Monday, May 19, 2014

New York, Day Five - "Heathers" and "Just Jim Dale"


In the game of high school popularity, you either win...or you die.  It may not be quite so "Game of Thrones"-y at most high schools, but it certainly is at Westerburg High, the setting of "Heathers," a new musical playing now at New World Stages based on the 1989 movie of the same name.  Those at the top of the social food chain (as ever, the jocks and the cheerleaders) breeze through life - until graduation, at least - while the rest of the student body cower at their approach and languish in obscurity.  

If you didn't see "Heathers" the movie, here's the set up.  Veronica, a pretty but unpolished girl, is taken under the wing of the Heathers, a trio of preppy predators (all named Heather) who dictate the social ladder at Westerburg High.  Where you sit in relation to the Heathers is as important to your standing as the lineup of functionaries along the Kremlin wall on May Day was to Soviet leaders.

After the Heathers' makeover, Veronica is suddenly getting the attention of popular boys and invited to the cool kids' parties.  That is, until she stands up for her bestie from kindergarten, the chunky girl everyone calls "Martha Dumptruck," and is unceremoniously dumped by the Heathers.

Enter JD, the new kid with the sharp tongue (and martial arts skills) who doesn't care what everyone else thinks.  JD's idea of revenge, however, is so very "Game of Thrones," and with Veronica's (at first unwitting) help, he proceeds to try and reduce the asshole/bitch/bully count at Westerburg.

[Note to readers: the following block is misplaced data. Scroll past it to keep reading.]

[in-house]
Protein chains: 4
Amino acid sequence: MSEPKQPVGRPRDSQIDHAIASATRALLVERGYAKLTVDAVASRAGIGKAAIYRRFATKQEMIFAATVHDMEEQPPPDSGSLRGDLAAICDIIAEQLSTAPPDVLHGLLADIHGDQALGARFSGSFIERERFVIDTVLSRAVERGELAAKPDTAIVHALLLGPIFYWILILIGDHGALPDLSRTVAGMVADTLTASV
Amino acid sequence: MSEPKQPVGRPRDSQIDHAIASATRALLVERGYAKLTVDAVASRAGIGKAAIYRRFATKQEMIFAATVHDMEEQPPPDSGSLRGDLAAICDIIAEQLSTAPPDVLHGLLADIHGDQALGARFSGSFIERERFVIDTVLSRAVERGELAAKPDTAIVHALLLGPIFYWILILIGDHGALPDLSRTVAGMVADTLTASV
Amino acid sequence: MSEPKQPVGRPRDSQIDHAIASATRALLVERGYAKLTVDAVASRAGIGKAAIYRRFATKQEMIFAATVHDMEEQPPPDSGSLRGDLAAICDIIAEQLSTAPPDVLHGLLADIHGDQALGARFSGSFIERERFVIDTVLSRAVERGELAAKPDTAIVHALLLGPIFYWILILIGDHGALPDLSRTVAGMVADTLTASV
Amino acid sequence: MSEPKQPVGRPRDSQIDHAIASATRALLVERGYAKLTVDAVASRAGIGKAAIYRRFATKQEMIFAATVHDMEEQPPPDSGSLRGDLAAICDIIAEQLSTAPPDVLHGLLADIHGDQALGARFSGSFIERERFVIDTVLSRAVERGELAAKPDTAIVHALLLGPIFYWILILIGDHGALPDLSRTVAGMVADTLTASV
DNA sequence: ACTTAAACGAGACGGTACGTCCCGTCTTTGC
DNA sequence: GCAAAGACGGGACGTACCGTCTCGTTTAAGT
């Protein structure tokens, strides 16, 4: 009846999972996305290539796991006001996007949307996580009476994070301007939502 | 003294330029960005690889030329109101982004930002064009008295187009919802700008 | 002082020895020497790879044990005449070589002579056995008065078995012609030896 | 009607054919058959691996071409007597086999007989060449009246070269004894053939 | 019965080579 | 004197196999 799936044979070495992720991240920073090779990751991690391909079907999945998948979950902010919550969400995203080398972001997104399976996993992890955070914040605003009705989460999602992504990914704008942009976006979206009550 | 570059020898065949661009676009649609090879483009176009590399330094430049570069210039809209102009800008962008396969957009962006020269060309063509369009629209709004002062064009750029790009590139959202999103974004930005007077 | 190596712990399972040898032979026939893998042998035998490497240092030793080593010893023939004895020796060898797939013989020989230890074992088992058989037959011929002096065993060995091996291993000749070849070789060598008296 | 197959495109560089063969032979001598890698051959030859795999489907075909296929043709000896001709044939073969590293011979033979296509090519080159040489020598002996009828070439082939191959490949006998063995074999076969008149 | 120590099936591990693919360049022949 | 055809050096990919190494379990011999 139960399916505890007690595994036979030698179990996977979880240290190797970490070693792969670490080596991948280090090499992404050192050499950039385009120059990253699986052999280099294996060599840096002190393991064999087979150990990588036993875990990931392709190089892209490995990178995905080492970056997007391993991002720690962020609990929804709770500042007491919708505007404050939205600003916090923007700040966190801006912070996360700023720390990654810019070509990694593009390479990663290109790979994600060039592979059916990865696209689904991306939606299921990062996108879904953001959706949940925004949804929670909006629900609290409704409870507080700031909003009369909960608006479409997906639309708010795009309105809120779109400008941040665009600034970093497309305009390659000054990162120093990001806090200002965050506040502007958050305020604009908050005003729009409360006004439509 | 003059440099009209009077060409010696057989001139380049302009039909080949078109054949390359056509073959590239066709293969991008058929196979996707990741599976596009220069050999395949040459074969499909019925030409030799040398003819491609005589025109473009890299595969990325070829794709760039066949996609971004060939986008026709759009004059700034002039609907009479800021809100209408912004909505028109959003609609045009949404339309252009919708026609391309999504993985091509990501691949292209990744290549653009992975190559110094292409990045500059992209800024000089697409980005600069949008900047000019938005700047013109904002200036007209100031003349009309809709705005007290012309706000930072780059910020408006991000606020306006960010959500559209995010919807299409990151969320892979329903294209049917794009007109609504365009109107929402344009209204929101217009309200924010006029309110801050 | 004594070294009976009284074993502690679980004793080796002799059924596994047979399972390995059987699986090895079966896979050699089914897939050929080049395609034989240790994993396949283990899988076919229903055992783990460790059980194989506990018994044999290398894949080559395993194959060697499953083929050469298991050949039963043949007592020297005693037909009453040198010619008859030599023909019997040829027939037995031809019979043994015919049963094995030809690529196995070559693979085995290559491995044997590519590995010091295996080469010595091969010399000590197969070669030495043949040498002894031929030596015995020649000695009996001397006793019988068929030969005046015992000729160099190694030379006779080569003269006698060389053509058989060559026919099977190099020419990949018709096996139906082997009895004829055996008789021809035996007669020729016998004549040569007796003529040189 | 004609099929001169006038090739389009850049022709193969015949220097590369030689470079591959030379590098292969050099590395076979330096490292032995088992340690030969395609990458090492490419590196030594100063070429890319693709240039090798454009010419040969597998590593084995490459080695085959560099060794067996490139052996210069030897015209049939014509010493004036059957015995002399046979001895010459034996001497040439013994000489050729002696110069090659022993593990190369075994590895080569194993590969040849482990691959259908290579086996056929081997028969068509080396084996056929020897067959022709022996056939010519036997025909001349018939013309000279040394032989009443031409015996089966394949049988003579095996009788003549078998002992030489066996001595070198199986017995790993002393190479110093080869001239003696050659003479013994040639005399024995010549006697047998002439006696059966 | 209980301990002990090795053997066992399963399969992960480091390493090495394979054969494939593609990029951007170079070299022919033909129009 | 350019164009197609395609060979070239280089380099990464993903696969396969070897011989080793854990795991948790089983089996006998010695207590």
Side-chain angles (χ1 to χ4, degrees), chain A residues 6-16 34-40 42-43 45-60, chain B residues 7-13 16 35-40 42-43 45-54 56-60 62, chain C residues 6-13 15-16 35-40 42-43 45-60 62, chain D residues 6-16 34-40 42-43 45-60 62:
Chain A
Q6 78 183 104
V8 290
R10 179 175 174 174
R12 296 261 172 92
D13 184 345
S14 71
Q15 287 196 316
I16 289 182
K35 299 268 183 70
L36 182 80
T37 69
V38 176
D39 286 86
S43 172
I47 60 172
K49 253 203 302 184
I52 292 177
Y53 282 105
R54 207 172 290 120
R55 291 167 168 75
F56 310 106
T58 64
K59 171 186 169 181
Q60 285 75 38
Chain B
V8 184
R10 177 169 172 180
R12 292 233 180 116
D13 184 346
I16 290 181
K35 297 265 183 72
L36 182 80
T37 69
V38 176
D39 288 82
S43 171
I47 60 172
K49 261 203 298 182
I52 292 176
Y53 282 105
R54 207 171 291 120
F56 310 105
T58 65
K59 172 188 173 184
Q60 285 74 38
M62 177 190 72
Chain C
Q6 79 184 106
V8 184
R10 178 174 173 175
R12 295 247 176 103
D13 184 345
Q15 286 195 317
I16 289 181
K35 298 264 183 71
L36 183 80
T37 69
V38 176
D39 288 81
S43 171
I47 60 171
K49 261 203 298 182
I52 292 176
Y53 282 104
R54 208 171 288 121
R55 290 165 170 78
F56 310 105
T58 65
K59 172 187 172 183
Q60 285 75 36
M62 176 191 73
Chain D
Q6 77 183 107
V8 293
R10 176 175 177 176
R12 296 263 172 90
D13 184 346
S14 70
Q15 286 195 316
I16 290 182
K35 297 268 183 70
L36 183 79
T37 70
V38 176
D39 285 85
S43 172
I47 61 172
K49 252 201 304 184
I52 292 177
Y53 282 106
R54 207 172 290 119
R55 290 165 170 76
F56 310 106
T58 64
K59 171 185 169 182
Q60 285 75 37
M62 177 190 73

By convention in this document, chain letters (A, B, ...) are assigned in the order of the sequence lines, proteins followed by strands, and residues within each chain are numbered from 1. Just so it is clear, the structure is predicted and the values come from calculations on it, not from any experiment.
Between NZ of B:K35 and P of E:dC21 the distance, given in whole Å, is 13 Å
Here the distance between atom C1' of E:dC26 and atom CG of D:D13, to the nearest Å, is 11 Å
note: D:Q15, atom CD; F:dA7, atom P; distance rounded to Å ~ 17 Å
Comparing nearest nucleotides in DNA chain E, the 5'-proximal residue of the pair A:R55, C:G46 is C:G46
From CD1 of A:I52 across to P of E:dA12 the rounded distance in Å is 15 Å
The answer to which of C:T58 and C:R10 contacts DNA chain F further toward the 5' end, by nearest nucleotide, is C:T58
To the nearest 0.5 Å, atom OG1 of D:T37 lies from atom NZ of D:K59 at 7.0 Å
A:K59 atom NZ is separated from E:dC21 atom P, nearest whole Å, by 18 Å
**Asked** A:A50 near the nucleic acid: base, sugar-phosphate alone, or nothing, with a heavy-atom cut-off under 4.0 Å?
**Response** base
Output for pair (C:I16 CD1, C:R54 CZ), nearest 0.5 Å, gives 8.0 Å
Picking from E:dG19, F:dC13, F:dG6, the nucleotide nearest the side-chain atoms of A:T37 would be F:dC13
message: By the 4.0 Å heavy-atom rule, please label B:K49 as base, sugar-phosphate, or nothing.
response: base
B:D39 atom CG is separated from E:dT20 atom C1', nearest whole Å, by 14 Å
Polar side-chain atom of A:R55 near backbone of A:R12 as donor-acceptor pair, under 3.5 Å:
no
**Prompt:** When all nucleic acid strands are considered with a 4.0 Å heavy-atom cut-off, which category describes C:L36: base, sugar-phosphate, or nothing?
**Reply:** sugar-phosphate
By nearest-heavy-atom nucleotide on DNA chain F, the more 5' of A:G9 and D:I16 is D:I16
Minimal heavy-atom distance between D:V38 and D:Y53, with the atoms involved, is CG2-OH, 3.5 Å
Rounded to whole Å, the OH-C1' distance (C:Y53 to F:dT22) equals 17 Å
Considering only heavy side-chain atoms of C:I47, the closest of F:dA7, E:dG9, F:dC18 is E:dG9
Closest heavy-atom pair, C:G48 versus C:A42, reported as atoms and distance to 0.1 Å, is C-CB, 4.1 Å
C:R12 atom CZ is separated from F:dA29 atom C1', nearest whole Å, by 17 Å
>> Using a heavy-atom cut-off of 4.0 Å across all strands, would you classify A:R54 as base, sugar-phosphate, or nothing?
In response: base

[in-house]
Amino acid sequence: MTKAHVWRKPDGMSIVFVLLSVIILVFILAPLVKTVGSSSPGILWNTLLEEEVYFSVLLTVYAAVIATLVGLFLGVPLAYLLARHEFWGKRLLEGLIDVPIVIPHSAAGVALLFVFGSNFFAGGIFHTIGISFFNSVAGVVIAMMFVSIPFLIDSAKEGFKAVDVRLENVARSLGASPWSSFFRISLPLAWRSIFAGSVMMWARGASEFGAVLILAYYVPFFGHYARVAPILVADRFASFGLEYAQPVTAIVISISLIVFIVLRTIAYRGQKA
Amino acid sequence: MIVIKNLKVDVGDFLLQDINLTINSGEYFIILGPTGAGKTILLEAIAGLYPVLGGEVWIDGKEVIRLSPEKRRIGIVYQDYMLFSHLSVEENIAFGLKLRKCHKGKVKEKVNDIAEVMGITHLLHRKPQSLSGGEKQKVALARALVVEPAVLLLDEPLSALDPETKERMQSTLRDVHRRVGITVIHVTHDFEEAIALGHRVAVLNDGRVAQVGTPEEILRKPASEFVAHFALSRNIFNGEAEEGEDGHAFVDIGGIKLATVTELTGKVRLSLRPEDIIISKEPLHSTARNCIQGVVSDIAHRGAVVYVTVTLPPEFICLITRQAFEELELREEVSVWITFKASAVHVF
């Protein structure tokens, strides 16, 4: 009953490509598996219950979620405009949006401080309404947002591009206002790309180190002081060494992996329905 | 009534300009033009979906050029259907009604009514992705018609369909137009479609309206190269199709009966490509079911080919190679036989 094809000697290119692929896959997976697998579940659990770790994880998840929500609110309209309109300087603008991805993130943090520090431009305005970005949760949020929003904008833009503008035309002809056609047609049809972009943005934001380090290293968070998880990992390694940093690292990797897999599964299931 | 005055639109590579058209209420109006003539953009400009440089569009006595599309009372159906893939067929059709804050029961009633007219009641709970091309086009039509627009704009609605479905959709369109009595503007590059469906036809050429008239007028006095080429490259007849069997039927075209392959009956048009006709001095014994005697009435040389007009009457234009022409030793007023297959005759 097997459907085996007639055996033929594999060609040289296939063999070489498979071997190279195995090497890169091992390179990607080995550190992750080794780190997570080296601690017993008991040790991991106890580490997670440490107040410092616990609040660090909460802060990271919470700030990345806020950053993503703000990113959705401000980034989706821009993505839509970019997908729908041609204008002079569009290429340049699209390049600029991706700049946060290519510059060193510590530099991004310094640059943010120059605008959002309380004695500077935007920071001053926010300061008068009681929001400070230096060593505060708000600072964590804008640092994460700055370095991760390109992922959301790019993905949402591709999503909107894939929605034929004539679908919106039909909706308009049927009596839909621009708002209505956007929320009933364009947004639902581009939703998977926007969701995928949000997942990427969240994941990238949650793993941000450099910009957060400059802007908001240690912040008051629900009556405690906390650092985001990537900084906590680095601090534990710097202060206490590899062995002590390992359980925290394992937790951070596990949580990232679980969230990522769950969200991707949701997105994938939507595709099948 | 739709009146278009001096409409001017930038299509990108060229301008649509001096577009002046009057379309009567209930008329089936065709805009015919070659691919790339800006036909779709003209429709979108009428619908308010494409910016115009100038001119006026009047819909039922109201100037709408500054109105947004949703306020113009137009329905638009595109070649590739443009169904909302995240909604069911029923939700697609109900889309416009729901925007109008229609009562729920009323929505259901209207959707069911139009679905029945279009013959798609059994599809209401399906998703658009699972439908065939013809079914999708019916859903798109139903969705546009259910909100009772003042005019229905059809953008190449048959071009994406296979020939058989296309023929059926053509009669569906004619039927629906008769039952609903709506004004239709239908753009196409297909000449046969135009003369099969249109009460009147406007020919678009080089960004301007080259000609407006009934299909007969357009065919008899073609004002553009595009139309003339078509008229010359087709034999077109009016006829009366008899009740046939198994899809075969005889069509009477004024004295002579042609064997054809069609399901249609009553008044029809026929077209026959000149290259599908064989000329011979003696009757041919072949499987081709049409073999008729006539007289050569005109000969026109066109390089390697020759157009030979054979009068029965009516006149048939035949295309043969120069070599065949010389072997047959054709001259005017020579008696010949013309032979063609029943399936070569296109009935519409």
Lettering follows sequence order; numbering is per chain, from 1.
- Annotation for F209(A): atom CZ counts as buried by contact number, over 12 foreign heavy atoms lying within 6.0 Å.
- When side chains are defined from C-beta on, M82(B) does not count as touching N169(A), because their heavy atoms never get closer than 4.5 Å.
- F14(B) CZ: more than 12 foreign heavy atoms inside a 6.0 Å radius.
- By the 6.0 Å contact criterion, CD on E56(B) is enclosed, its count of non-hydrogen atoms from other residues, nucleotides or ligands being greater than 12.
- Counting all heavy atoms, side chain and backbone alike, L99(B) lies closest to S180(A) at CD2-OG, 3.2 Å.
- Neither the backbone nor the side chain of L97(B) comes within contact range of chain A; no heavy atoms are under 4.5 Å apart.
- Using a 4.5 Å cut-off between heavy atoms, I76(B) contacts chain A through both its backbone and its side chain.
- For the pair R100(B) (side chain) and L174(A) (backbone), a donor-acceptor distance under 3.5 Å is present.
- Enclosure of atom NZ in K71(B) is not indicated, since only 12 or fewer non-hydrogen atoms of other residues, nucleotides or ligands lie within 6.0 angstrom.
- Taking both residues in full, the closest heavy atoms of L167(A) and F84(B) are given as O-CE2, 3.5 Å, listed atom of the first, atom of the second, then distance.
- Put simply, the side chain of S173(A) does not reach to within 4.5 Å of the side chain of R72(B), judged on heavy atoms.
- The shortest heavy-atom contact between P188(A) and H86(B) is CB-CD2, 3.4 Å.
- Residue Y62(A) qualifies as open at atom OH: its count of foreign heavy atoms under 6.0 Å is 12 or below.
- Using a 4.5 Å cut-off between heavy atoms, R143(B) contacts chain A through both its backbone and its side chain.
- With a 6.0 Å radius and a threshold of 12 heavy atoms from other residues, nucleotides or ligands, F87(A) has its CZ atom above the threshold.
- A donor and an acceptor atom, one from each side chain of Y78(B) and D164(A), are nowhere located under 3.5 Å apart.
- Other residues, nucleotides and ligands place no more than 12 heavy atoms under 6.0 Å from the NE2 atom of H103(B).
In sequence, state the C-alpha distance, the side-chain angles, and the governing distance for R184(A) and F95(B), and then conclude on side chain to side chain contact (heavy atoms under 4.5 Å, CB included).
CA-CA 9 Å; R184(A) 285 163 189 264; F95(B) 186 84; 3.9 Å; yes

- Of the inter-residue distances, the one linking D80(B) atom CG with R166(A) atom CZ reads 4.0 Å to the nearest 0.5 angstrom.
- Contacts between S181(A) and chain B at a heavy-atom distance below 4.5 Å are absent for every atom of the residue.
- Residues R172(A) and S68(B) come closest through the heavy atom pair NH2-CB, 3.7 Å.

Though this isn't a stellar show, it's a hell of a lot of fun.  (It's also very R-rated, so don't bring the kids.)  The music and lyrics (by Kevin Murphy and Lawrence O'Keefe) are often clever, and the show doesn't pull any punches in its depictions of high school cruelties.  At one point, the two main jocks claim Veronica had a three-way with them - specifically claiming (in song) that they "had a sword fight in her mouth."

The young(ish) performers are mostly excellent, with strong (if unexceptional) voices, though Barrett Wilbert Weed had occasional pitch problems in the upper register.

The songs - while entertaining - are mostly forgettable, though "My Dead Gay Son" and "The Me Inside of Me" were a cut above the others.  But the best song, "Seventeen" is a lovely ballad that could stand on its own outside this show as an anthem to teen alienation.

Bottom line - if you're a fan of black comedy (but with a good heart and hopeful ending) and you can get it on discount, it's worth a shot.

"Just Jim Dale"

Though he's been a star of music halls, pop music, the East End and Broadway, Jim Dale is probably best-known these days for being the voice of all seven "Harry Potter" audio books.

In this one-man show, he recounts his life through song, dance and comedy - much of it from his early days as a fan - and then star - of English music hall shows.

Dale is a true performer, and a gifted one, but this show isn't for everyone.  If you're looking for anything edgy, this is the wrong place to be.  But to pass a pleasant evening hearing pleasant stories, you could do worse.

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